Results Overall, the interviewees had the same reaction to the questions that were asked. Every interviewee mentioned the prominence of homeless people on the streets of Chicago and how there needed to be more available resources for them. When asked about the current state of the elderly in Chicago, one interviewee said the following: “Providing food and health benefits are lacking. And I know that a lot of senior citizens have issues
with getting around. I know in Ohio there is a program that helps with that. Also transportation services. Probably those things are big for the community. And they probably just appreciate having someone around.”

There was a genuine concern for both the elderly and the poor but a lack of awareness of how he could help. Because all of the interviewees failed to know what the organization was, they all affiliated it with children in some way. Almost each person was involved or donated to a charitable organization. When we talked about nuns running it people saw it as being more credible, but no one had a definitive answer. For some it positively shaped their views, but for others it negatively shaped their views. None of the interviewees are originally from the city of Chicago. Many people attached a feeling or emotion to their reasoning for donations. Some of the common themes include:      Lack of awareness Emotional connection to giving Impressions of organization Religious ties Donation patterns

Interviewee lack of Chicago origin

Surveys Between May 10 and May 20, 2013, twenty-seven DePaul graduate students gave online surveys to 395 respondents. The mean average was 31 years old. The survey results showed that the vast majority of people both in Chicago and out of Chicago have not heard of the Little Sisters.

Results Results of the surveys showed that 88% of the people who live in Chicago have no heard of the Little Sisters of the Poor. Figure 1.1 shows these results. Figure 1.2 shows the effectiveness of marketing materials with in-depth information for getting people involved in a new charity. Participants were given a seven point likert scale 1 being very ineffective and 7 being very effective. Have You Ever Heard of the Little Sisters of the Poor?
100 90 80 70 60 50 40 30 20 10 0 Yes No Chicago Non-Chicago

Figure 1.1 Shows that 12 % of the people who live in Chicago have heard of the organization and 88% has not. Out of the people who do not live in Chicago, 14% said that they had heard of the organization and 85% had not.

How effective is marketing with in-depth information for getting people involved in a charity they have not heard of?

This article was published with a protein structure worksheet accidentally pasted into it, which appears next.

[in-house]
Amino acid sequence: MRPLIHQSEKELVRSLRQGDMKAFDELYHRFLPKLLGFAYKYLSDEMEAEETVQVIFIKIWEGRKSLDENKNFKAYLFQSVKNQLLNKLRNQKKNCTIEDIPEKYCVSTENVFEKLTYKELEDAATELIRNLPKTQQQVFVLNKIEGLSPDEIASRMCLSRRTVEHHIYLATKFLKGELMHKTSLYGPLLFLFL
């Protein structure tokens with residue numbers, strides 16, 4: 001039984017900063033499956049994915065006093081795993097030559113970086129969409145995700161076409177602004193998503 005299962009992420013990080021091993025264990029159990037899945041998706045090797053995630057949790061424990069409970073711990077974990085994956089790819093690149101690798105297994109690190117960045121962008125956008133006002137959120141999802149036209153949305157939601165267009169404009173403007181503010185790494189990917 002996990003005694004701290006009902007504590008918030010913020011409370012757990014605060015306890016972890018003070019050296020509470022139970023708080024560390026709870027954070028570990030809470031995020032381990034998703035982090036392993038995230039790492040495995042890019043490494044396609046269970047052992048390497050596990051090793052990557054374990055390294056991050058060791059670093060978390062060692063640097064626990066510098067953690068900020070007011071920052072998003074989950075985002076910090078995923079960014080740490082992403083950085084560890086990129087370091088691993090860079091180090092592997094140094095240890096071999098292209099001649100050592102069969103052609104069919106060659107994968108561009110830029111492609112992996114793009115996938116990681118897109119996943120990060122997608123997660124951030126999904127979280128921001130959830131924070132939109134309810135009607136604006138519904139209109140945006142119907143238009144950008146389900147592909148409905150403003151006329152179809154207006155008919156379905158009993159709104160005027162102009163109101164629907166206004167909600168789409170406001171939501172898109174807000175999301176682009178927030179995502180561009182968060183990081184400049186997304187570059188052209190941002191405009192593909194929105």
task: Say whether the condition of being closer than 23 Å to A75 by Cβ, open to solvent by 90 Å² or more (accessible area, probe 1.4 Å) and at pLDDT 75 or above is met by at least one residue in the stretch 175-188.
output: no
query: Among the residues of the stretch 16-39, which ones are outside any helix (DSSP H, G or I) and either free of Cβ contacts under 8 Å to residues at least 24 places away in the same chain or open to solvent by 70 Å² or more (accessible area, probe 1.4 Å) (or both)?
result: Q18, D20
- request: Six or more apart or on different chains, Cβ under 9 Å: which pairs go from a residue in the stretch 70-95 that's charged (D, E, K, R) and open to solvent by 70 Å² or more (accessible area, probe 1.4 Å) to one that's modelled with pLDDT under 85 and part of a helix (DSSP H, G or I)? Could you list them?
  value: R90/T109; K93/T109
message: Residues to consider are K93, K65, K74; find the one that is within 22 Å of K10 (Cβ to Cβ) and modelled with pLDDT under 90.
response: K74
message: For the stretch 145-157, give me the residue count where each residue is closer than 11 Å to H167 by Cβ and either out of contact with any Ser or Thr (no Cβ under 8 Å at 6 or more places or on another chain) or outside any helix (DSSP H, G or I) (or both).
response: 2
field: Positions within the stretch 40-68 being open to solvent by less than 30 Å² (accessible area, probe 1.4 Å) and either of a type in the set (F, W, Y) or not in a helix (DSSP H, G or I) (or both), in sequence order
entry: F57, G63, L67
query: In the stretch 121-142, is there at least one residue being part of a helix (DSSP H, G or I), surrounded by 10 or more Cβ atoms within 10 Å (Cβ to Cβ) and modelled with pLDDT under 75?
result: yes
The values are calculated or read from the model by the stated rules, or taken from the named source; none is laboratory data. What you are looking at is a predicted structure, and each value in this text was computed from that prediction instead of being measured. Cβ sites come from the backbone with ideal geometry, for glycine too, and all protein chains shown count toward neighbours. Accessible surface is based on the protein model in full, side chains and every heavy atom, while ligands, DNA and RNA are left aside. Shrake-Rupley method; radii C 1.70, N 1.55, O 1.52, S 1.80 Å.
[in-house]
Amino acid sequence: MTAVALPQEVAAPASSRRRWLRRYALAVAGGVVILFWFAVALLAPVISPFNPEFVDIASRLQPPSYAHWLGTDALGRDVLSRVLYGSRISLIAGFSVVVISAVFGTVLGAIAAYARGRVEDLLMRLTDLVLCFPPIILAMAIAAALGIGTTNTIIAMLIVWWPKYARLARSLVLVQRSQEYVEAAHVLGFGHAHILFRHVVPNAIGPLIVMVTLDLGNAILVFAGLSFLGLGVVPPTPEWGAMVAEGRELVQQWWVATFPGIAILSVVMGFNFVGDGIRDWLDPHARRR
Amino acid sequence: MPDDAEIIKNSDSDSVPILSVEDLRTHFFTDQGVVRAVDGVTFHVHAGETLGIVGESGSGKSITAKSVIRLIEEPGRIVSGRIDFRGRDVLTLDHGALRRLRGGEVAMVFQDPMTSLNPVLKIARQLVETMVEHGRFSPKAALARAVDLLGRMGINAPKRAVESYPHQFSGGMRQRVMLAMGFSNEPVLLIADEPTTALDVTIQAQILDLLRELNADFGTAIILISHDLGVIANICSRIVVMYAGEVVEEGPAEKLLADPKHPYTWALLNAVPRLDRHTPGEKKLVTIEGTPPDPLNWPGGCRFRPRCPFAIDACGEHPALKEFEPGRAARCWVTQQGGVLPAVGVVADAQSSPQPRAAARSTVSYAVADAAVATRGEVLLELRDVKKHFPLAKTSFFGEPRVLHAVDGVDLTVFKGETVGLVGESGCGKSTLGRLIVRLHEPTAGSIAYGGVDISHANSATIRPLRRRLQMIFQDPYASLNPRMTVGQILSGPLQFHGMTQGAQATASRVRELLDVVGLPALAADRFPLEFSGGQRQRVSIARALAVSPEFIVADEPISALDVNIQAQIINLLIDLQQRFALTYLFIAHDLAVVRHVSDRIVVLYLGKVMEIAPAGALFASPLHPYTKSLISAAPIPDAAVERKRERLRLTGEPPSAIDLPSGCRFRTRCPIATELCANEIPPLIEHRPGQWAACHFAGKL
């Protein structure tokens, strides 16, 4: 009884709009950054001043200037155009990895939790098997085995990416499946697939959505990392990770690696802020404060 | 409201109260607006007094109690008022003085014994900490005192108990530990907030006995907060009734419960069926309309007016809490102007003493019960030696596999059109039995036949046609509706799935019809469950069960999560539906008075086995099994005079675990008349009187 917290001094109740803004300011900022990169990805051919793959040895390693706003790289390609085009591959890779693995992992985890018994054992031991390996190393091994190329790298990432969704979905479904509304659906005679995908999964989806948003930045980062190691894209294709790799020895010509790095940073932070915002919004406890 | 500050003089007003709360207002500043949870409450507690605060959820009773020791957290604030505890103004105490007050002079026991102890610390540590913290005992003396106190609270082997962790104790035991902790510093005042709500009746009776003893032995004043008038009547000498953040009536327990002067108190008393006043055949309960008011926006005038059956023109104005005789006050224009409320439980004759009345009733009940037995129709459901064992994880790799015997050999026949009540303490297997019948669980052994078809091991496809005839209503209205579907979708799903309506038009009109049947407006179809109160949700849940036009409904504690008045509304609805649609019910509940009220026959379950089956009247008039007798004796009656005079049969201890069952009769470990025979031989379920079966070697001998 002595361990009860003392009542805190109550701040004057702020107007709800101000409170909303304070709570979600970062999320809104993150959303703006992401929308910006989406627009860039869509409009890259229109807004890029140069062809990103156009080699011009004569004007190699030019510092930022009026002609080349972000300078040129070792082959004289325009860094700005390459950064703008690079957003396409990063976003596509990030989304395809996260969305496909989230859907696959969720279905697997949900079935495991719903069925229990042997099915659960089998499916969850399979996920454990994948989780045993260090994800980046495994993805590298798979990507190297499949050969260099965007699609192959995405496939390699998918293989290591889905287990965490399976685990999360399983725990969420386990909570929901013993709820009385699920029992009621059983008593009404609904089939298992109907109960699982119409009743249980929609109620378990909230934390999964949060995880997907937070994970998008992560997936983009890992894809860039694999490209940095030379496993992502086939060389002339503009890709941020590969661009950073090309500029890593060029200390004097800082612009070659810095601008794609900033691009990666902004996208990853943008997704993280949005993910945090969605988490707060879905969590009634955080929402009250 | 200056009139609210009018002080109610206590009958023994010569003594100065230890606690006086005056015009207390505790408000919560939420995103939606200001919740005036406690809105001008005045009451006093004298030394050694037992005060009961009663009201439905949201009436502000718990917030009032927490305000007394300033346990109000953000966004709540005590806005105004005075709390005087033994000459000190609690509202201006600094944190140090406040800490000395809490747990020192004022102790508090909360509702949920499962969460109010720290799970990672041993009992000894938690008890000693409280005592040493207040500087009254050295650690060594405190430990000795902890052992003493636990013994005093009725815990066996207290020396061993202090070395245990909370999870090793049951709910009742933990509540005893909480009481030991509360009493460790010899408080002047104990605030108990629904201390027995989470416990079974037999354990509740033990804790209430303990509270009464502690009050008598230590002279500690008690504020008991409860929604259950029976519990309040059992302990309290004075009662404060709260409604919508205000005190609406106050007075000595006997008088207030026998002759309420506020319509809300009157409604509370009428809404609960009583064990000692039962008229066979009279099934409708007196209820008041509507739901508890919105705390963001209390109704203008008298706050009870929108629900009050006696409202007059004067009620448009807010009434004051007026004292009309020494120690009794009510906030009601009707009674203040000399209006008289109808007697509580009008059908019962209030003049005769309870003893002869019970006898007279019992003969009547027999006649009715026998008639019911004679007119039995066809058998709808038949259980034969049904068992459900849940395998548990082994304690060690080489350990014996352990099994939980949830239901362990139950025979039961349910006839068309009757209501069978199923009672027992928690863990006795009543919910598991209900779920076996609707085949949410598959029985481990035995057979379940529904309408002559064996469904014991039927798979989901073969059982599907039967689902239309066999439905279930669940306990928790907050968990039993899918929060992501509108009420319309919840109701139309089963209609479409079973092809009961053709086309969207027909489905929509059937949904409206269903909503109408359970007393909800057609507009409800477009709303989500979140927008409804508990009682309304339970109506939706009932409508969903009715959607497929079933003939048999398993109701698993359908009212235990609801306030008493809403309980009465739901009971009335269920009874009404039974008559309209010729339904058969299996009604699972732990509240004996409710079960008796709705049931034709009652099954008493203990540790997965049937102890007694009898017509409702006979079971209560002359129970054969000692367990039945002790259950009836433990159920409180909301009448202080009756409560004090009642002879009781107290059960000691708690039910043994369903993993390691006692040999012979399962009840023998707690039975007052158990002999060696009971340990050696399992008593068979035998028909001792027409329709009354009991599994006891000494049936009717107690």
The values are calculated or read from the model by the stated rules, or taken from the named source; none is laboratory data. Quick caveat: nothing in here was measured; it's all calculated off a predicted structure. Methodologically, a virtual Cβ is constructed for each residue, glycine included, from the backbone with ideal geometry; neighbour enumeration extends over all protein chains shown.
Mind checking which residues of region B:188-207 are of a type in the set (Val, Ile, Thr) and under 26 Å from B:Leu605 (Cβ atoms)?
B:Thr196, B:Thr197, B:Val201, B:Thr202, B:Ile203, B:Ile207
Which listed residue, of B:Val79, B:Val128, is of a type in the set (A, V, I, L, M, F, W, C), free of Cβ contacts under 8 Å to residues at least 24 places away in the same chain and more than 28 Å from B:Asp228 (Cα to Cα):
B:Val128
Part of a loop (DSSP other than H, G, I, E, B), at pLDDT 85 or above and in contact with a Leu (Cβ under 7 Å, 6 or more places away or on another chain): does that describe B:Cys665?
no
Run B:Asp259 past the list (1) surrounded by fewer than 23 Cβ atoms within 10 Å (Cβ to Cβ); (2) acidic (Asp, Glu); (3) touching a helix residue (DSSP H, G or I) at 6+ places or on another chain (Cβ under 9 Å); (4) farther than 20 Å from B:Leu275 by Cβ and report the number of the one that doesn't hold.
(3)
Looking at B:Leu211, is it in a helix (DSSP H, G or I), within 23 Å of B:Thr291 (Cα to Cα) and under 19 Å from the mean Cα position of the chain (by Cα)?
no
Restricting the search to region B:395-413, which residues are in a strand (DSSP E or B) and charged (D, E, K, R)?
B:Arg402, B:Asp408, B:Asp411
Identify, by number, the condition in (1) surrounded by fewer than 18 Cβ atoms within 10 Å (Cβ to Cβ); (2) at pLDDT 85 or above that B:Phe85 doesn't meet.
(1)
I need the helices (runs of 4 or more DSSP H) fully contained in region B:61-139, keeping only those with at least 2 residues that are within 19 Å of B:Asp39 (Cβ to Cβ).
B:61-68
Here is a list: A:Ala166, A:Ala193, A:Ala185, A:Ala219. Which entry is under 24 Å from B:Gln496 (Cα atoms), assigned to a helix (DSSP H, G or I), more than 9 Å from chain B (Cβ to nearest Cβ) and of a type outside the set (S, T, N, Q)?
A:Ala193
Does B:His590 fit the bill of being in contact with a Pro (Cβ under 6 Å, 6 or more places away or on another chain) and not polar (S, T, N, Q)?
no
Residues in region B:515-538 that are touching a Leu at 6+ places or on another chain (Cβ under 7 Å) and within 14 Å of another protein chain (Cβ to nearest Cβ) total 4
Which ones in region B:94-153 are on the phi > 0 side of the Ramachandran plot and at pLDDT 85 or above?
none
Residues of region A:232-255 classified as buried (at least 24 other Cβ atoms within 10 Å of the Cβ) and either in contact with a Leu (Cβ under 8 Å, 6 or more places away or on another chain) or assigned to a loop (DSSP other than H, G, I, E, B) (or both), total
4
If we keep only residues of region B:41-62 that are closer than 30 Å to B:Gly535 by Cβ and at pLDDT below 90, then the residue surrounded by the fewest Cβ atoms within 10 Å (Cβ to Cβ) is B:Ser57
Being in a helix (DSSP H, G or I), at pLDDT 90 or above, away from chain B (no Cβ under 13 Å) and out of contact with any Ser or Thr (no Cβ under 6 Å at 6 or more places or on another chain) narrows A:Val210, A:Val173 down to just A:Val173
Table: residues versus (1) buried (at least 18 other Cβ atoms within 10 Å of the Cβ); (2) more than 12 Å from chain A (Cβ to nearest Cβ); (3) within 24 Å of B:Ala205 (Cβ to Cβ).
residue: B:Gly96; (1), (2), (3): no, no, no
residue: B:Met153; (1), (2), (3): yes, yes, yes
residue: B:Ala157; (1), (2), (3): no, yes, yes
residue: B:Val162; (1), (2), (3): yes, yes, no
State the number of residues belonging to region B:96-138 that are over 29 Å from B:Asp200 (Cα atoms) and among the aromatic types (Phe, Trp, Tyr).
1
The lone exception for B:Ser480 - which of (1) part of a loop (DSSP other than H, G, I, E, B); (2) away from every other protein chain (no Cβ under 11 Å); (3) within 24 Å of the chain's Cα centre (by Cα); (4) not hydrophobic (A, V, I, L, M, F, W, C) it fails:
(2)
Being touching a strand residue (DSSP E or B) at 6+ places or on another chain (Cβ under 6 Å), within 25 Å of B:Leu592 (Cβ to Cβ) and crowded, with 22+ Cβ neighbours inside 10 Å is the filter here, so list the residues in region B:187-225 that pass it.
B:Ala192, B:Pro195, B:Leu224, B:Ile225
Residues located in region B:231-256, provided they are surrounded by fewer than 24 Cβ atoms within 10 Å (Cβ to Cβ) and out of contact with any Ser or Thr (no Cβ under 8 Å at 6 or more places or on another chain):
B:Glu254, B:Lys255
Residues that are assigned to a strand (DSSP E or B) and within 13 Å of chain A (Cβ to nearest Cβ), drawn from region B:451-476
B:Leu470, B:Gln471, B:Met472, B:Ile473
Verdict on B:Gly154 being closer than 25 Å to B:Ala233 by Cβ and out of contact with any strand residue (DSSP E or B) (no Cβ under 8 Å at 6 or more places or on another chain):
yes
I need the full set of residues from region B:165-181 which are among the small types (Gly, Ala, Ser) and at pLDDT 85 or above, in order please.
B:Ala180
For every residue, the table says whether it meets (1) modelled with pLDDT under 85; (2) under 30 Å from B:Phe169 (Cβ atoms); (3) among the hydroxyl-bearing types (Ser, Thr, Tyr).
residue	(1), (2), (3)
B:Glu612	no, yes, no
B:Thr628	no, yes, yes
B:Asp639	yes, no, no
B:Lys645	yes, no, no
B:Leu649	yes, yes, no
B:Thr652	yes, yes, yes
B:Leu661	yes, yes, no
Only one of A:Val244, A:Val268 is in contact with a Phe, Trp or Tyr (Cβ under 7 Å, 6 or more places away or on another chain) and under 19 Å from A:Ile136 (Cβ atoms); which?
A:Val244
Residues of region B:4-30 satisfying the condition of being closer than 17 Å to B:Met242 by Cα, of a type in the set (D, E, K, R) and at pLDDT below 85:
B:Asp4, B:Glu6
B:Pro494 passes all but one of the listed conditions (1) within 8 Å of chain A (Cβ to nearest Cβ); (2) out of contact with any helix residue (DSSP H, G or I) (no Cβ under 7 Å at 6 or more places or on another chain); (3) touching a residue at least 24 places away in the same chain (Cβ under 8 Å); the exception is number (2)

Very Ineffective Ineffective Somewhat Ineffective Niether Somewhat effective Effective Very Effective

Figure 1.2 Shows that 26% of the participants believe that in-depth marketing materials are somewhat effective in getting them involved in charities that they are unfamiliar with. About 18% of participants found the in-depth marketing materials neither effective nor ineffective.

Discussion The research results show that despite the lack of awareness, there is a genuine concern for the elderly and the poor in Chicago. This finding shows that if more people were aware of the Sisters, more people would help. Additionally, the research showed that in-depth marketing materials might be a good asset for the organization. People are not completely opposed to the idea of marketing materials. Although expected, I found it interesting that no one in the entire population of interviewees recognized the Little Sisters of the Poor. They did not know anything about the organization. The fact that everyone interviewed has some religious tie was also enlightening because it showed that despite the diversity in religion, giving is always an essential idea. The results are similar to what I expected because I predicted that no one had ever heard of the organization. They do not conduct any marketing so the lack of awareness is a given. Dissimilar

to my expectations was the resemblance in the responses about giving. The interviewees generally did not like in-mail promotions. They also much rather donate money or food to organizations, rather than time. The quantitative results taken from the survey have two implications for Little Sisters of the Poor. 1. Many people have no idea what the organization is about or stands for. 2. It will be a good idea to send people in-depth materials in order to get them involved. The majority of the participants in the survey agree that marketing materials are somewhat effective in getting them involved with an organization with which they have no familiarity. Recommendations When Little Sisters of the Poor first came to us, they knew that they had many issues, but the Little Sisters of the Poor can do many things to improve their awareness in Chicago. First, they can advertise. Even though they are not interested in self-promotion, in order to make people aware that they exist, what they do and why it is important. People are always looking for opportunities to help others and volunteer, especially in large cities. In addition, Little Sisters of the poor can improve awareness by partnering with other organizations. Many of the responses indicated that volunteers and donors learn about charities through other people that they know. If The Sisters partner up with a well-known organization, they can draw from the other organizations awareness. The partner does not have to be a corporate partner, but it can be another non-profit or organization with similar beliefs and goals.